When the Ghost of Christmas Present appears the ceiling in Scrooge's room is suddenly about 50 feet high. The Ghost looks exactly like Jim Carrey except with a beard and his expressions are the same smirking expressions that Carrey usually displays making the Ghost, at least to me, very unpleasant.
One of the things that made this segment so important in the book was that the Ghost took Scrooge around London and let him mingle with the people (albeit invisibly) to get a feel of the holiday spirit. Here, the Ghost apparently lifts the upper story from Scrooge's house and they fly around the city in it. Part of the floor becomes transparent and Scrooge observes everything as if on a television screen. Yes, he sees what's going on but, he does not mingle and there is no feeling of his gaining humanity.
At the end of this segment the Ghost says that he only lives for one season and abruptly ages, dies (while still laughing Ho, Ho, Ho) rots and turns into a skeleton, then disintegrates into dust and blows away.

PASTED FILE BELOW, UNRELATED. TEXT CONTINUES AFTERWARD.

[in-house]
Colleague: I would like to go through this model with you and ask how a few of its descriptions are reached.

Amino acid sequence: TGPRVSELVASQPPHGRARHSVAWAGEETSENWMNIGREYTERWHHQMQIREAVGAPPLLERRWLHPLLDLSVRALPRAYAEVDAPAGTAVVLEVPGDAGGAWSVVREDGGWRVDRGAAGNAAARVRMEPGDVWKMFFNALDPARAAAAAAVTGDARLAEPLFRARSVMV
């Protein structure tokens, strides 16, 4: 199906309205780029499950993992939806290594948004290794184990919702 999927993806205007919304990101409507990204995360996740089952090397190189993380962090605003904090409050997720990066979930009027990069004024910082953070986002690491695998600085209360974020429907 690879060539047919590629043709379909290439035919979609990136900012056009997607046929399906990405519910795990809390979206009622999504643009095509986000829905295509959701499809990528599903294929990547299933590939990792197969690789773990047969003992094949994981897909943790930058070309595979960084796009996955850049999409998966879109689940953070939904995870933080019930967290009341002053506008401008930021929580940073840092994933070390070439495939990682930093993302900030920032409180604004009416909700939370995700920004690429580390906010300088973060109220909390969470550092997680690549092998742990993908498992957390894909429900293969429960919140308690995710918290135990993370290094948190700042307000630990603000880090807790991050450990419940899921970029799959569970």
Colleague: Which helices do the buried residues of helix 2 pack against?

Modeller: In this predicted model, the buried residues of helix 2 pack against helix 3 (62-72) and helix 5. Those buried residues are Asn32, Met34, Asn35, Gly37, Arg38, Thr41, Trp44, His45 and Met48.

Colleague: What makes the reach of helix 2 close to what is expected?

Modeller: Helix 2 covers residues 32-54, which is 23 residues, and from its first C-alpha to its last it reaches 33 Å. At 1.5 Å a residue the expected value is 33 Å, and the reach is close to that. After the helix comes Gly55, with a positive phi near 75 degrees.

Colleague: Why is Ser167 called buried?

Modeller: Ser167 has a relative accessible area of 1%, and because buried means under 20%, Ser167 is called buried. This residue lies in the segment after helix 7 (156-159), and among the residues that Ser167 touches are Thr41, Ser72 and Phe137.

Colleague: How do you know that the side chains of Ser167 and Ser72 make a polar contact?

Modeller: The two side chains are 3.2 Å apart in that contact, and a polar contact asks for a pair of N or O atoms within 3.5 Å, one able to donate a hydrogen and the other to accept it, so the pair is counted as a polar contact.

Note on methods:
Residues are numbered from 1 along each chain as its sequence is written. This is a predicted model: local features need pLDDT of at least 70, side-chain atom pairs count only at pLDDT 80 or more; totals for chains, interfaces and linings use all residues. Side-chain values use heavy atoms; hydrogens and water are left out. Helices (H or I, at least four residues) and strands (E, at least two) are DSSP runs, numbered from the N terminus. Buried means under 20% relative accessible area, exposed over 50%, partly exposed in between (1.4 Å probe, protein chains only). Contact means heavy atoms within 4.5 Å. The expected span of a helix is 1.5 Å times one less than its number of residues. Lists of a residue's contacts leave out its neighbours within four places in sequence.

The Ghost of Christmas Yet To Come segment is, quite frankly, very frightening. Unlike most versions of the Carol the Ghost is mostly shown only in the shadow and becomes solid only rarely. There is a long segment which I found to be not only frightening to a younger child but totally outside the spirit of the book, gratuitous, and frankly stupid. The Phantom Hearse, mentioned only briefly in the book, chases a terrified Scrooge for what seems like miles. For some unexplained reason Scrooge suddenly shrinks until he is smaller than a mouse, he slides along a rooftop smashing into icicles, then falls off the roof and lands in the bag of the charwoman, Mrs. Dilber, who is taking Scrooge's belongings to sell. Scrooge witnesses her total lack of feeling for him and is aghast at how easily she stole things from him, still not realizing that in this future he is dead.